This means that young people in Barnsley are able to access, in my opinion, some of the best learning facilities in the country.
when our young people achieve,
when they dare to aspire,
we must be there to support them and help them to realise their full potential.
Nothing is off-limits to anyone, because they are from Barnsley.
I will always argue fiercely, with anyone who dares to suggest that anything that is below par is “good enough for Barnsley.”
It is an attitude that has prevailed in some quarters and one that we must all challenge and stamp out.
Only the best is good enough for Barnsley and if that means we must face up to and fight a government that tries to “put us in our place”, then let me tell you, I am ready to do it and I know you are too.
This was part of my motivation with the ‘Proud of Barnsley’ programme.
I am incredibly proud of our town and its people, and I want everyone who lives in Barnsley or, who is from Barnsley to be able to say that with conviction.
There is an awful lot for us to be proud of in our town, and around the borough. AND we must make certain that, not only do we tell the rest of the country just how good it is here, but that everyone who lives in Barnsley knows it too.
The most serious issue we are facing now though, is one of rising unemployment.
Under a Conservative Government, the number of people who are out of work rises, this is an historical fact.
Unemployment has always been a price worth paying for the Tories but at least Norman Lamont was honest about it.
George Osborne is far more devious; he is trying to convince us that people do not want jobs; they would rather live a life on benefits, because it is a life of Riley, their own choice.
Let us make one thing clear – a life on benefits is not the easy choice. Despite what the Daily Mail would have its readers believe!
From a personal perspective and coming from a career that began with serving in the Army, I have always recognised the importance of public service, and there are many different ways in which this is achieved.
I have already mentioned the nurses, bin men and emergency services that work to keep our streets clean and safe and look after our health and well-being. All of these public servants deserve our respect. Yet they do not always get it. Especially not from the Coalition, who seem to be digging a hole for themselves, deeper than any miner ever did!
It wasn’t always the case that public service was treated with such a lack of respect by the government, as it is today.
The many forms of public service were recognised by previous governments, this was especially true during the Second World War. Someone I know explained to me that his two Grandfathers both served their country during the War; one in the sands of North Africa and one underground in South Yorkshire.
This is a particularly good comparison of the level of respect miners had. Everyone knew it was an incredibly hard job with immense dangers and, as we now know, with a long-term risk to health.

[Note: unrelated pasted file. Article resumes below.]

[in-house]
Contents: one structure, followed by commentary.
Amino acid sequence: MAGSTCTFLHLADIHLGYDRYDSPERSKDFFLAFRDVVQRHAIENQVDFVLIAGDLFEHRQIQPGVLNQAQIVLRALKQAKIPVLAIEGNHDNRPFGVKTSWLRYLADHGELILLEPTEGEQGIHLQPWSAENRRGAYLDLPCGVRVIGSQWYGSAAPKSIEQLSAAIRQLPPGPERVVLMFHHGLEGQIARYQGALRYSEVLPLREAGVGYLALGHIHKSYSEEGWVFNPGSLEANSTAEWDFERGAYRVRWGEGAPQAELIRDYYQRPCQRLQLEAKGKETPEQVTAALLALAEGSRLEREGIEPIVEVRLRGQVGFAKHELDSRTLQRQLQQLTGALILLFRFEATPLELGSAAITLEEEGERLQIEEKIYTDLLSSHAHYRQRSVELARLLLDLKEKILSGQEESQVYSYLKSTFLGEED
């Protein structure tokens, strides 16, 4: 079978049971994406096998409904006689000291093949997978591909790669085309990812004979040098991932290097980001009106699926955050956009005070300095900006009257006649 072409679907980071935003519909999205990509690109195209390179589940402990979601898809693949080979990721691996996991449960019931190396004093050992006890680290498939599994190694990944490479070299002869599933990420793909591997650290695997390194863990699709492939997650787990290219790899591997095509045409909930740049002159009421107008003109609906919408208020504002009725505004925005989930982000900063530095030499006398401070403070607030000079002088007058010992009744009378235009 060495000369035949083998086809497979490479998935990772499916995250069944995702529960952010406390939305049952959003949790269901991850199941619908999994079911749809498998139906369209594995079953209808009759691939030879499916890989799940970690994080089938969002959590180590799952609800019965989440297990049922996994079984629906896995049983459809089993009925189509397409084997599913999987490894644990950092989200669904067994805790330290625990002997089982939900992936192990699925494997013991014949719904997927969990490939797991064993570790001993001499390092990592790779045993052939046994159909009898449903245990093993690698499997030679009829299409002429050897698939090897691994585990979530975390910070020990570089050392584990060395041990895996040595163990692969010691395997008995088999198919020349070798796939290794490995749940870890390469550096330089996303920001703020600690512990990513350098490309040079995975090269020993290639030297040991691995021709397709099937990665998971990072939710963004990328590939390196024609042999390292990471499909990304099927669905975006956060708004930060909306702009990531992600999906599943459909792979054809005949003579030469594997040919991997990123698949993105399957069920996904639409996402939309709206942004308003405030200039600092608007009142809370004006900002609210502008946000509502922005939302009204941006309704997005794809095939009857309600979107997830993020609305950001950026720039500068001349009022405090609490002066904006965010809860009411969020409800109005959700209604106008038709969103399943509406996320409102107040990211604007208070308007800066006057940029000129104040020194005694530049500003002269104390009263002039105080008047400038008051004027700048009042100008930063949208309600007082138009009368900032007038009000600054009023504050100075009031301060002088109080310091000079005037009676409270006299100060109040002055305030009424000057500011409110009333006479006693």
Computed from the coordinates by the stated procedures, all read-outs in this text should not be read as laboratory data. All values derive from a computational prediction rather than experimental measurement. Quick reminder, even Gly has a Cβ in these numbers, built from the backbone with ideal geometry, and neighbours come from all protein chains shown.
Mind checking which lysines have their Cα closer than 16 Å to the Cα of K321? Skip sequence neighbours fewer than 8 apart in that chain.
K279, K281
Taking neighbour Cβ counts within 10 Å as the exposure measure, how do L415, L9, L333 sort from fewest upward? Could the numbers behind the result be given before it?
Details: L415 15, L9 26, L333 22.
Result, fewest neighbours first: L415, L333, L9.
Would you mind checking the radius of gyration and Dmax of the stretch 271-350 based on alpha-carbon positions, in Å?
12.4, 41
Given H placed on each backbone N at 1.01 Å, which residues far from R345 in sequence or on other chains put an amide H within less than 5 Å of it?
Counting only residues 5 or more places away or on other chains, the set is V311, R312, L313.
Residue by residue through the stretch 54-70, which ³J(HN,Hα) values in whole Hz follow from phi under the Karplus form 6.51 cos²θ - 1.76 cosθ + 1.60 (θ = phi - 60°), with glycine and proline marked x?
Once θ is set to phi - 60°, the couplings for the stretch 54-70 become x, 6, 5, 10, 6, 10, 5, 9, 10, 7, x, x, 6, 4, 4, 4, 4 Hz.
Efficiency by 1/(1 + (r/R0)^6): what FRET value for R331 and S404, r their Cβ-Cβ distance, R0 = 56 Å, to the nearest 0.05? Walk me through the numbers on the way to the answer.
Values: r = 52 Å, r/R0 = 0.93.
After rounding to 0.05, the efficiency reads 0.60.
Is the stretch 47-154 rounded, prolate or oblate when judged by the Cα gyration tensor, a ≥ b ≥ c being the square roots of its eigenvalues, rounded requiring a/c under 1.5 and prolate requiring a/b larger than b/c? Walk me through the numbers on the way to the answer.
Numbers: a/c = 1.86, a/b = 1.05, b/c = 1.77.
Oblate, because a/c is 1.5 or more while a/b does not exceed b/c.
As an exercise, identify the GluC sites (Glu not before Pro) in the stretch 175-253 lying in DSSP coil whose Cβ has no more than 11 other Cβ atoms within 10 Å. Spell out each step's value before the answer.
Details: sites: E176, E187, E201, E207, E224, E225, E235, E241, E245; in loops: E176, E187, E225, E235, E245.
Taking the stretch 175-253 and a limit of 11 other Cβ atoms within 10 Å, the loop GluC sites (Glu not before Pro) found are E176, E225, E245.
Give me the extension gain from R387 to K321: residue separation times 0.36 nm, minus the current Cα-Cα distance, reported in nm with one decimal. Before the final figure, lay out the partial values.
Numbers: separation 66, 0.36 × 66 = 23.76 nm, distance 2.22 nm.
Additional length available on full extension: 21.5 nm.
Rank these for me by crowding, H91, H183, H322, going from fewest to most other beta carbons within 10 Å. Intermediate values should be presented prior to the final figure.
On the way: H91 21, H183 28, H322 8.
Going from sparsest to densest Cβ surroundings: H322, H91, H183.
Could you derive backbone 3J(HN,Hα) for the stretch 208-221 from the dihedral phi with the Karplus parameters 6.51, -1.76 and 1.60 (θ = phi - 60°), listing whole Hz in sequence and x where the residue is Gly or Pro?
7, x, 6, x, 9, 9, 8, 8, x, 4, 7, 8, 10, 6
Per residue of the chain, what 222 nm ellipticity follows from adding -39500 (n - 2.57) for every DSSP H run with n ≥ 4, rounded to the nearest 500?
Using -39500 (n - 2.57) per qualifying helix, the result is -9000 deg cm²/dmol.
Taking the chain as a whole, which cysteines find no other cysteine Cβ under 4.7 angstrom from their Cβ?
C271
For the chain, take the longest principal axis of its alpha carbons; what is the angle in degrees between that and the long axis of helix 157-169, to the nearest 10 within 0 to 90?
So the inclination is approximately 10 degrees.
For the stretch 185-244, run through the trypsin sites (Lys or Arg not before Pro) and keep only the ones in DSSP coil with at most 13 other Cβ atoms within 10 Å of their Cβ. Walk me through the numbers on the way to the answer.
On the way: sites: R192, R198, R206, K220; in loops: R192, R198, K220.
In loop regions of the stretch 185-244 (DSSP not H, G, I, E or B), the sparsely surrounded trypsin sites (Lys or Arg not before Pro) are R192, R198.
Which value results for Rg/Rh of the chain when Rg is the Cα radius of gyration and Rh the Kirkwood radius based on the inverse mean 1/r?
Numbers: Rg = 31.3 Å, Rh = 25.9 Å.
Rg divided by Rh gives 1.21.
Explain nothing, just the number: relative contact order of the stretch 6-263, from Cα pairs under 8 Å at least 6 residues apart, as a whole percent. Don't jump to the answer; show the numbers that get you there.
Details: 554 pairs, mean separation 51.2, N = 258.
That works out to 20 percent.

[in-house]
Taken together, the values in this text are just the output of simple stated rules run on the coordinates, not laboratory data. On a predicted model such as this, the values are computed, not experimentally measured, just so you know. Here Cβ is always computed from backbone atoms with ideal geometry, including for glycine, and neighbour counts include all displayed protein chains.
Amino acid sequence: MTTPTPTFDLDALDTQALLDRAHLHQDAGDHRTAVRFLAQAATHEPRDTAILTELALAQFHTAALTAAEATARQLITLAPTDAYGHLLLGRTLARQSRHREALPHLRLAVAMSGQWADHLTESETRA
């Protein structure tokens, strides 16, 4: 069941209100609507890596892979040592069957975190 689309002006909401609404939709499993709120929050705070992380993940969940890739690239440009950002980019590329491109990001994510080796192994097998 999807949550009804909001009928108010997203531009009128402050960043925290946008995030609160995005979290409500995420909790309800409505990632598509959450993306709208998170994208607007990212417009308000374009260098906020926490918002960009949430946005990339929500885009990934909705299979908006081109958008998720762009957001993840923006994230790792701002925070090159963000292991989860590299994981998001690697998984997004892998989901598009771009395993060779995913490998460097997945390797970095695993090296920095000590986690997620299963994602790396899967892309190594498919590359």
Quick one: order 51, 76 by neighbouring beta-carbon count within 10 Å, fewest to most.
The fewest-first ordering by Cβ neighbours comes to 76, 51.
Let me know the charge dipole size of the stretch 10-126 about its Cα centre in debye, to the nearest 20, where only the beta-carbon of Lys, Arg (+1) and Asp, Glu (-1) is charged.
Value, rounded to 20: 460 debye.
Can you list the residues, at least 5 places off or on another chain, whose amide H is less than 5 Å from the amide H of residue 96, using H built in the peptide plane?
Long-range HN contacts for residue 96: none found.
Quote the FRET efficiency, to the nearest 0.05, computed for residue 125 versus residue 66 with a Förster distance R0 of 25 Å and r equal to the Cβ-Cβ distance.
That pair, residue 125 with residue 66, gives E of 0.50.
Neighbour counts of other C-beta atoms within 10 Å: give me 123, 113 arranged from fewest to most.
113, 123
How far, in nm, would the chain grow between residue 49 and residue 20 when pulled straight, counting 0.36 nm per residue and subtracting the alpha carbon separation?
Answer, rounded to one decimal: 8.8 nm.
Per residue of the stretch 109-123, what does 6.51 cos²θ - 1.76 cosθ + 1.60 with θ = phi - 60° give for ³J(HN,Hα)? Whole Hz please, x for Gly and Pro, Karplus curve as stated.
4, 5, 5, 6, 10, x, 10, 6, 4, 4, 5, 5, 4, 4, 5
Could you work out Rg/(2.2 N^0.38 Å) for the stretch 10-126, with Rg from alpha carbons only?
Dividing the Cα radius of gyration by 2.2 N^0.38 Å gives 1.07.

When I was thinking about this lecture, it became apparent to me that there are many similarities between the camaraderie that exists between soldiers on active service and that which is so evident among coal miners.
They experience a shared hardship, a common goal; they depend on one another and know that ultimately, their lives can lie in one another’s hands.
They are both public servants, yet their work is not carried out in a public arena. Whether in the deserts of Africa or the pitch black tunnels underground, they worked for the people of the UK.
This week five of those serving their country in Afghanistan; members of Third Battalion The Yorkshire Regiment, were tragically killed. All were young men, Corporal Jake Hartley aged 20, Private Anthony Frampton, also 20, Private Daniel Wilford, 21, all from Huddersfield; Private Christopher Kershaw, aged 20 and from Bradford; and Private Daniel Wade, 20, from Warrington. Alongside them, Sgt Nigel Coupe, of the First Battalion The Duke of Lancaster’s Regiment was also killed.
Another six lives, taking the total number of soldiers killed in action in Afghanistan to over four hundred. May they all Rest in Peace.
Coal was one of our national industries, like the railways, it was sold off for the economic benefit, not of the country or the communities, but for a minority of wealthy individuals.
The Tory Government privatised our greatest assets. Isn’t it ironic - had they been overseas territories, we would have fought to keep them, but because they were here, on our own soil, we sold them, with no guarantees that they would even stay in British hands.
Now, we are facing a global energy crisis, with fuel costs rising to unprecedented levels and a third of our pensioners in fuel poverty, while under our feet, there is still coal.
To me it seems a disgrace that we have 300 years of coal reserves beneath our feet, yet we only produce 18 million tonnes of coal, and we import 26.5 million tonnes from overseas.
Whilst we all now should accept that coal must be burned cleanly, all over the world, coal production is increasing and coal consumption is increasing.
We are being left behind, as countries such as China plans to increase its coal production to nearly 4 billion tonnes by 2020.
In 2010, Coal still produced 28% of the nation’s electricity and at peak times, it has provided 50%.
The UK was blessed with an incredible resource that we cannot access or make use of and that would have a huge impact on our economy. If we looked to better exploit those reserves, we would create thousands of jobs.
We would also be able to play an active part in the development of clean coal technology, actively helping to reduce CO2 emission levels.
What it comes down to is that coal is what Barnsley was built on.
A community built on coal, that brought families together, gave them homes, jobs and livelihoods.
Barnsley is a different place now, but we must be proud of our history, proud of our mining heritage and proud of the people who fought over the years to keep this town alive.
May the memories of David Jones and Joe Green live on.
I pay tribute to them; to their families
and to all who built this town from the depths of its pits and to all who continue to work to make it the town it is, and will be,
they are a huge part of the reason that I am proud to call Barnsley my home.